A Tutorial on Extracting Formants in Praat

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Just this week I’ve had three people ask for a Praat script that extracts formant measurements. I’ve been meaning to create some Praat scripting tutorials so this was a good excuse to get something going. Instead of providing you a Praat script, I’m going to show how to write your own. Instead of giving you a fish to feed you for a night, I’ll teach you how to fish. Read more

Testing English Phonetics

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So I’m teaching phonetics and phonology this semester and we’re using Ladefoged & Johnson’s A Course in Phonetics textbook. As I was preparing to teach about stops, I thought it might be a good idea as a homework assignment for students to gather their own data to see if some of these ideas panned out. Here’s my quick study. Read more

Laboratory Research

Recently, I’ve presented on words like pool, pull, and pole and how the difference between them can be really hard to describe, both by me and the non-specialist alike. Based on my findings in Washington, I decided I wanted to dig a little deeper into what these words are like, so I started a study that is less sociolinguistic and more laboratory phonology-based, which is a little unusual for me. Read more

Admission to Candidacy

This morning I sucessfully defended my second qualifying paper, “Near-Mergers in Cowlitz County, Washington,” which means I’m officially a doctoral candidate! (Okay, actually, a couple forms need to be signed, but that’s no biggie.) What an important step for me! Read more

Lots of Transcribing

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Last summer, I collected roughly 40 hours of conversation from people in Washington State last year. Not an enormous corpus, but I’m quite proud of that dataset. Well, my goal was to transcribe one speaker gradually over the course of the year, finishing around now. Well, in 9 months, I’ve done about… one hour. I realized this week that I really really need to get these done. Read more

A Survey of the Western American English using Mturk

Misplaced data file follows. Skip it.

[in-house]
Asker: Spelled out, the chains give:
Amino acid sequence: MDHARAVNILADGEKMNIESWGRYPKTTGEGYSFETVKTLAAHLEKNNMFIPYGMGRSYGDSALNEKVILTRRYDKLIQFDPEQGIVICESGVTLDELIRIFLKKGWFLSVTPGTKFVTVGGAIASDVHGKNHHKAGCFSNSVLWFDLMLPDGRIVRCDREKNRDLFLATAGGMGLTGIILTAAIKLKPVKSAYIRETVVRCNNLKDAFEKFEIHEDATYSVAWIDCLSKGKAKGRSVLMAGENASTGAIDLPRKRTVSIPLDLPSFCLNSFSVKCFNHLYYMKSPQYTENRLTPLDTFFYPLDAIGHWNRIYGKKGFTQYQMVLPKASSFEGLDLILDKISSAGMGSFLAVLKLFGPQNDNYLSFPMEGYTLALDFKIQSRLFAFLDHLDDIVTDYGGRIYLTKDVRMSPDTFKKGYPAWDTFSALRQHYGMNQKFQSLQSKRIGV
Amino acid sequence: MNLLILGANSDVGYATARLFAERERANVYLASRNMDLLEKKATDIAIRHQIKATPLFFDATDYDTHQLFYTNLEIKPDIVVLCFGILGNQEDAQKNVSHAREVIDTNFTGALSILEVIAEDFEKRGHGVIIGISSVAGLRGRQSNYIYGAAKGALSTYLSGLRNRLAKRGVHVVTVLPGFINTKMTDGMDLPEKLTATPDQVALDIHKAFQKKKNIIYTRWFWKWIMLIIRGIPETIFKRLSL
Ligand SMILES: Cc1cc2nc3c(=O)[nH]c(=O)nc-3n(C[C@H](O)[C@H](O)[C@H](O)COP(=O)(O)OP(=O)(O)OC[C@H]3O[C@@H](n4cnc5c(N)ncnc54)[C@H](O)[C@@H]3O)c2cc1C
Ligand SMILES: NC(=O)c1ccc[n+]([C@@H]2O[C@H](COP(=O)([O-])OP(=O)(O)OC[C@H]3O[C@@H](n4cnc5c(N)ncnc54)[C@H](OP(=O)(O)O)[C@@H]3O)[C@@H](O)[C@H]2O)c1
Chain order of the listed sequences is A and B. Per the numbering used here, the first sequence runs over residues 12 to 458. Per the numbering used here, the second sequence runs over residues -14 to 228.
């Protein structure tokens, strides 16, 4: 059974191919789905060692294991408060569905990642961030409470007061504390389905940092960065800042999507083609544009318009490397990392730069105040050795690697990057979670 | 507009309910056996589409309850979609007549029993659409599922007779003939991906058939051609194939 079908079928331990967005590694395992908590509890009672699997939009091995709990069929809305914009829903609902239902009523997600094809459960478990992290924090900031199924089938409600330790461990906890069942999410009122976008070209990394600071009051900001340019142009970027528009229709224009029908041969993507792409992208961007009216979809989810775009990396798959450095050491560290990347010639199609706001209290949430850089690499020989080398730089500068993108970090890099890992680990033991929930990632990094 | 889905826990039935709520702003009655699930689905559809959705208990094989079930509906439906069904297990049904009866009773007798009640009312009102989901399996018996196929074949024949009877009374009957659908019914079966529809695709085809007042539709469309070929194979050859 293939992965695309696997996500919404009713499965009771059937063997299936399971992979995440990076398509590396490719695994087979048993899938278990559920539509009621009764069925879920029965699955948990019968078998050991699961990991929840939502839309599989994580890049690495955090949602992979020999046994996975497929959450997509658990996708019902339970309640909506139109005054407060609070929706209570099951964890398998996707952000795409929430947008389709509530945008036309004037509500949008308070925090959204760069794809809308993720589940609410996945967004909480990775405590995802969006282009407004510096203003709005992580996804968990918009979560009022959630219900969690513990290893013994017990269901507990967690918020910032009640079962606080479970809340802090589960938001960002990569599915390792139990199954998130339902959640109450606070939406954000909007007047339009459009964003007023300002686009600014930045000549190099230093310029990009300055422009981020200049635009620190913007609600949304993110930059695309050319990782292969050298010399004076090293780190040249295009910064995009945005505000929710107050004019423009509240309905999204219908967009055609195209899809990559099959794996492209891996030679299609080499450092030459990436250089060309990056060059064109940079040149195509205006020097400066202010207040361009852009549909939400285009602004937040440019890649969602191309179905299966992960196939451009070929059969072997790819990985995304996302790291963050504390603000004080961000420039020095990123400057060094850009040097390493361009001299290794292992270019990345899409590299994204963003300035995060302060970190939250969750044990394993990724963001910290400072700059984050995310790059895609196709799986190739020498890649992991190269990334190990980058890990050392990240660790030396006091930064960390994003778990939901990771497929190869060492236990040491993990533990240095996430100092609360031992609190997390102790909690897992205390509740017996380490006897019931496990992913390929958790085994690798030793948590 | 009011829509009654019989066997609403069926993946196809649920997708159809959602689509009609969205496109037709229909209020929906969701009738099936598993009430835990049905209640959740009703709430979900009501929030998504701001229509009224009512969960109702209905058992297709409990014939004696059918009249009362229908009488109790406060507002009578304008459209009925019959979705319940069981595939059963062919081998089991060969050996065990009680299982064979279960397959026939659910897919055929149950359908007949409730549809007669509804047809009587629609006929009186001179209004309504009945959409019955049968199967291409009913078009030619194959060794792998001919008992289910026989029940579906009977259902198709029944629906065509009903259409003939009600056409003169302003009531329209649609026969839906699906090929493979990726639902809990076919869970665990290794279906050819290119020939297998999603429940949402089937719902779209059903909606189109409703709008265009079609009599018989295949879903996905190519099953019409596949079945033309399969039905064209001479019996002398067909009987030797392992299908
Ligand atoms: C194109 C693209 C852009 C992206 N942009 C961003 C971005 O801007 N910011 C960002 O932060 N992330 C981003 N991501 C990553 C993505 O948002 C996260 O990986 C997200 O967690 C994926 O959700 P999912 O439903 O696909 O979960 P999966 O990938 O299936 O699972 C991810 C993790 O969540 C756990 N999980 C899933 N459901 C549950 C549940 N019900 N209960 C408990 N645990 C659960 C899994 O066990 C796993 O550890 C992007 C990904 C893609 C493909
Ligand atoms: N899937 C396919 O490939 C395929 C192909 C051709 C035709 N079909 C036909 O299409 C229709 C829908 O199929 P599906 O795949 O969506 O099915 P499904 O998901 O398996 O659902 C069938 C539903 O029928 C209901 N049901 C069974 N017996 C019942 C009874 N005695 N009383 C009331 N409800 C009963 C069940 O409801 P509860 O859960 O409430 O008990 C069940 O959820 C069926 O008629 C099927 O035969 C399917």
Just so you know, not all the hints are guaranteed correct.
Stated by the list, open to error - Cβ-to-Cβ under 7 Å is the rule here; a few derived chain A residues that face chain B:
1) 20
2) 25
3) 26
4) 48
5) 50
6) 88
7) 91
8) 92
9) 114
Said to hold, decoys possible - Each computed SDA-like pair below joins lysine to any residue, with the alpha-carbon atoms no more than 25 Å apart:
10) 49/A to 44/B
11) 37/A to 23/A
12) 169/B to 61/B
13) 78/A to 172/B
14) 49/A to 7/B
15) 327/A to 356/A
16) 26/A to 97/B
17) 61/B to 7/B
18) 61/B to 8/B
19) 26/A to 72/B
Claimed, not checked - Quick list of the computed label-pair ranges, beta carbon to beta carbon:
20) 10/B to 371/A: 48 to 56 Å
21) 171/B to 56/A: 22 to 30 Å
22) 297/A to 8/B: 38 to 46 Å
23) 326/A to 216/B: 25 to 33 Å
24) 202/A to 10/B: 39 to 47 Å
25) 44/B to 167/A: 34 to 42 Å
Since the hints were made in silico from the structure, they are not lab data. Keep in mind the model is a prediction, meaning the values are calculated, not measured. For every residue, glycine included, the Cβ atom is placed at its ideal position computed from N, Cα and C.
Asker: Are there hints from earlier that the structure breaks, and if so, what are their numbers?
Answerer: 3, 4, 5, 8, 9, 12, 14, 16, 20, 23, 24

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I’m so happy to announce I’ve been selected as a recipient of the UGA Graduate School Innovative and Interdisciplinary Research Grant! This $2,500 grant is part of the Graduate School’s strategic initiative to support innovation and interdisciplinarity in the research being conducted by doctoral students. My project is entitled “A Survey of Western American English using Amazon Mechanic Turk.” Read more

Brother Joseph

I had the fun opportunity to be a guest in a pocast today! "Faith Promoting Rumors" is a new podcast that my brother and dad started that explores Mormon myths and culture. Having published on an interesting linguistic quirk about Mormon culture—the alternation between calling someone either as "Brother Jones" or as "Bob"—I was asked to talk about my research and about this convention in Mormon culture generally. Read more

Mount St. Helens and Vowels

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Today in our Linguistics Colloquium here at UGA, I got to present on some of my ongoing research on English in a smaller town in Washington. For the past few months I've mostly looked at vowel mergers and using lots of statistical tests to show some very subtle changes. Over the past week or so as I've prepared for this presentation, I've discovered something pretty awesome about my data. And it has to do with Mount St. Helens! Read more